Cash in hand, Rayetta Calderon's waiting to pay the fine for a speeding ticket she was issued near Delaware Park.
The fee is $150.
The problem is the 60-year-old from Youngstown is on a fixed income. “Right now, I'm working two jobs Monday thru Friday and an extra job on Saturdays just to make ends meet,” she said. “I've had to borrow money just to pay this ticket,” she added.
South Buffalo Assemblyman Pat Burke is looking to ease the burden for driver's like Calderon. He's sponsoring the “Traffic Ticket Relief Act,” a bill that would allow a judge to reduce the fine for low-income drivers and pay it in installments. Burke's bill doesn't set an income cap. Instead, he said it would be at the judge's discretion. “They're the ones that are going to dive into these. It will be on a case by case basis,” he said.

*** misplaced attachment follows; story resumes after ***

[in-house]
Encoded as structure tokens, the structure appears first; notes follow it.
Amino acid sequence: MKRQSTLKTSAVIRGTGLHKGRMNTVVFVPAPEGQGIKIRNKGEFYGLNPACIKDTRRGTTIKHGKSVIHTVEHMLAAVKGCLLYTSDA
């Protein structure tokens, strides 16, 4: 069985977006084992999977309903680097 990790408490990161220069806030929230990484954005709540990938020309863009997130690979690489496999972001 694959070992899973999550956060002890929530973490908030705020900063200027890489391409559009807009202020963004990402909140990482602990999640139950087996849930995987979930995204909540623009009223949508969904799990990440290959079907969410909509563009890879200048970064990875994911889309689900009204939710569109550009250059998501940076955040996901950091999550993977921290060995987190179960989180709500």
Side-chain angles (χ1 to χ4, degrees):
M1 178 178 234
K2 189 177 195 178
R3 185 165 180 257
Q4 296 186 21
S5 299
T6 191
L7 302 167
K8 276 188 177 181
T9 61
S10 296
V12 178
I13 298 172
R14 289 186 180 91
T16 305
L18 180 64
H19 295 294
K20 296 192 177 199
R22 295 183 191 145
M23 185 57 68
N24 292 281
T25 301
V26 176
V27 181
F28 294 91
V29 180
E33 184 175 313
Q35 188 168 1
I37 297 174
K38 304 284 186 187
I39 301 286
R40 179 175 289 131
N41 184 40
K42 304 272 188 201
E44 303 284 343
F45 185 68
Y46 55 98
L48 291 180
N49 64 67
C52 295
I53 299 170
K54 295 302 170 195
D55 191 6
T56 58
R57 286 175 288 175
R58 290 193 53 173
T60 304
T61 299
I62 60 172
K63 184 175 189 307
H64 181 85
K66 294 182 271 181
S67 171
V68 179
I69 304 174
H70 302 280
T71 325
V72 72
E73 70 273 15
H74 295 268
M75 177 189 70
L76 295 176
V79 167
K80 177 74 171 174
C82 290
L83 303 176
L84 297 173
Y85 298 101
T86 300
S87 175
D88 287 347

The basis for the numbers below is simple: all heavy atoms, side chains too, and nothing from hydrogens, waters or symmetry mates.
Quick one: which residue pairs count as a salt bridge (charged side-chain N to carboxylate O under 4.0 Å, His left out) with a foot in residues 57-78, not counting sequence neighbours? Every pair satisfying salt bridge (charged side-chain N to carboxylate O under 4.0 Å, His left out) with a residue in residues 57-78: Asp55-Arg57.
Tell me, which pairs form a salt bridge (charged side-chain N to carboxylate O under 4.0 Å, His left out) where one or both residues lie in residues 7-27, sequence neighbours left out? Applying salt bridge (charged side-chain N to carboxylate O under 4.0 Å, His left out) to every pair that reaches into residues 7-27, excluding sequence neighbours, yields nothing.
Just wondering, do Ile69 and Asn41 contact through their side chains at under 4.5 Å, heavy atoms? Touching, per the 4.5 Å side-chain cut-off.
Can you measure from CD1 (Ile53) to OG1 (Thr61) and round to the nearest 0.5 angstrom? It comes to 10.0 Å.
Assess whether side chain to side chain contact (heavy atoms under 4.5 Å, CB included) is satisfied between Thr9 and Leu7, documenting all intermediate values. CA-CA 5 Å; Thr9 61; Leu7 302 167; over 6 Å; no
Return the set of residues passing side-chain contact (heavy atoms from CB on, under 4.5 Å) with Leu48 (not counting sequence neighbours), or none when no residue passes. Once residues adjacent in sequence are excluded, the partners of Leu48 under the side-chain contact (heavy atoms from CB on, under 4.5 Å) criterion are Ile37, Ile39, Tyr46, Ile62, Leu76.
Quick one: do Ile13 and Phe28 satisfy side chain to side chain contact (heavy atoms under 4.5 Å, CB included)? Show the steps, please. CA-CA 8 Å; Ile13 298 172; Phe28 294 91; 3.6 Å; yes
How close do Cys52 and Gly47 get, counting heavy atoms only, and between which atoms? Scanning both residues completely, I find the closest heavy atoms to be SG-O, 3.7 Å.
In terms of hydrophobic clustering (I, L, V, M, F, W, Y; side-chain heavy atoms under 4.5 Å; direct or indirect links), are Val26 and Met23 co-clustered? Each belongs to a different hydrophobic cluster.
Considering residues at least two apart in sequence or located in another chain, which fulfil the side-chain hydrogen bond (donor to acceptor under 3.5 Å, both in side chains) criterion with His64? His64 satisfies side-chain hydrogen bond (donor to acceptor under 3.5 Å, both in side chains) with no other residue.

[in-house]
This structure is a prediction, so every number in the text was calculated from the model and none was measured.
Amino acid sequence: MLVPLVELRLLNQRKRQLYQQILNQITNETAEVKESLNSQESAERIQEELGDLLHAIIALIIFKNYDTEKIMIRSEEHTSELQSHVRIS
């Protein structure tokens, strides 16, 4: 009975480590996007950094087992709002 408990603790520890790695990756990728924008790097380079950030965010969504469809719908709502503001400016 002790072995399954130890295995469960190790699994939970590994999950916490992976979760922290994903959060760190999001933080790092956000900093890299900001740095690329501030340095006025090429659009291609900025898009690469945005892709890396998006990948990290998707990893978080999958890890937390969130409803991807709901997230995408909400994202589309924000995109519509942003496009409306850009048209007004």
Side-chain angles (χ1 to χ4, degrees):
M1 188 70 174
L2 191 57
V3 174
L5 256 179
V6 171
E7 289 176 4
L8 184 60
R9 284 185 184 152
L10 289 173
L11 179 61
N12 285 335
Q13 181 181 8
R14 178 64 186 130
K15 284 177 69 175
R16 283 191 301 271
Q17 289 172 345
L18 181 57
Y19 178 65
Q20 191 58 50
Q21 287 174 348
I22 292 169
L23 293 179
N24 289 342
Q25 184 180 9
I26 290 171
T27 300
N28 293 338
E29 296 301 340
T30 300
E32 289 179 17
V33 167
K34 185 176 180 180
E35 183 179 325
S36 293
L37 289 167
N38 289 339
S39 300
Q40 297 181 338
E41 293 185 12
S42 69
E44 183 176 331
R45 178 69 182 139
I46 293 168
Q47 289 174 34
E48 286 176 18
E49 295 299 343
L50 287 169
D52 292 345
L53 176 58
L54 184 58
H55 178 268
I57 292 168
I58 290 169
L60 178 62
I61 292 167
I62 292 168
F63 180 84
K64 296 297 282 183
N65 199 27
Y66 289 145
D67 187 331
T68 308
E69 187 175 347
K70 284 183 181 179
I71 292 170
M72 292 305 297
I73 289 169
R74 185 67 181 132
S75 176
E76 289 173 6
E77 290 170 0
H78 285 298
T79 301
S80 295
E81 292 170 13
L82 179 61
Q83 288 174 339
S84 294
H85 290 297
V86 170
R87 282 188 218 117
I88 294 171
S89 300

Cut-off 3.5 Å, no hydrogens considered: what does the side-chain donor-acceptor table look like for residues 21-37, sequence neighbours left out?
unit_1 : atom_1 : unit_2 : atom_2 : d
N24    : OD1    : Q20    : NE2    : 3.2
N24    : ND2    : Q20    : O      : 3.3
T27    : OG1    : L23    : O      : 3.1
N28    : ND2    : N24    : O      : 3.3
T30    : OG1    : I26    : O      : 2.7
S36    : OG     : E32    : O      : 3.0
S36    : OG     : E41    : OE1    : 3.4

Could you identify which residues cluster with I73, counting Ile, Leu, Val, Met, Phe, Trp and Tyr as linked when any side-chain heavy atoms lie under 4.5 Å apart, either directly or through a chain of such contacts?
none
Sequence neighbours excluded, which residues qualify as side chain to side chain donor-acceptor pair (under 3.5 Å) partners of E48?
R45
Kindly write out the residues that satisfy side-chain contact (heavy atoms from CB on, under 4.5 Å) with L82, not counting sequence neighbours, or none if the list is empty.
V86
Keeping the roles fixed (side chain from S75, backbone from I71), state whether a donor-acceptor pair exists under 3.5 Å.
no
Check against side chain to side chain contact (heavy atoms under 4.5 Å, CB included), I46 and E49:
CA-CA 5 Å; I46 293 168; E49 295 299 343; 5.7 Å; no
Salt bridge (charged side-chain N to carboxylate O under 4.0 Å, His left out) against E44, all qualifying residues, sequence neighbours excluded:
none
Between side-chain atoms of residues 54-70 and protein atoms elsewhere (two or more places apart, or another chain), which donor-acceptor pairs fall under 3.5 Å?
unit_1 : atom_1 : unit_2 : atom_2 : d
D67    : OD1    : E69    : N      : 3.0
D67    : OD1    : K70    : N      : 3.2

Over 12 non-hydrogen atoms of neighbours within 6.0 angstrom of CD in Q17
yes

Critics said the bill would undermine a system put in place to help enforce traffic laws.
Reporter Ali Touhey: Don't you think the fine is there to create a hardship, so people don't speed again?
Burke: Hardship varies based on your income and person. So, if that's the case, a millionaire might as well go around speeding and committing all sorts of traffic violations because it's not a hardship for them. It's a real hardship for someone with modest income and means.
For first time offender Rayetta Calderon, she knows that firsthand. That's why she supports the proposal. “That would be much easier because right now I'm paying out of my paycheck, and all of my bills are coming up and it makes it really hard to get through the month.”
Right now, the bill is before the Assembly's Transportation Committee. It's also a one house bill, meaning it doesn't exist in the Senate. That would need to happen for the measure to pass.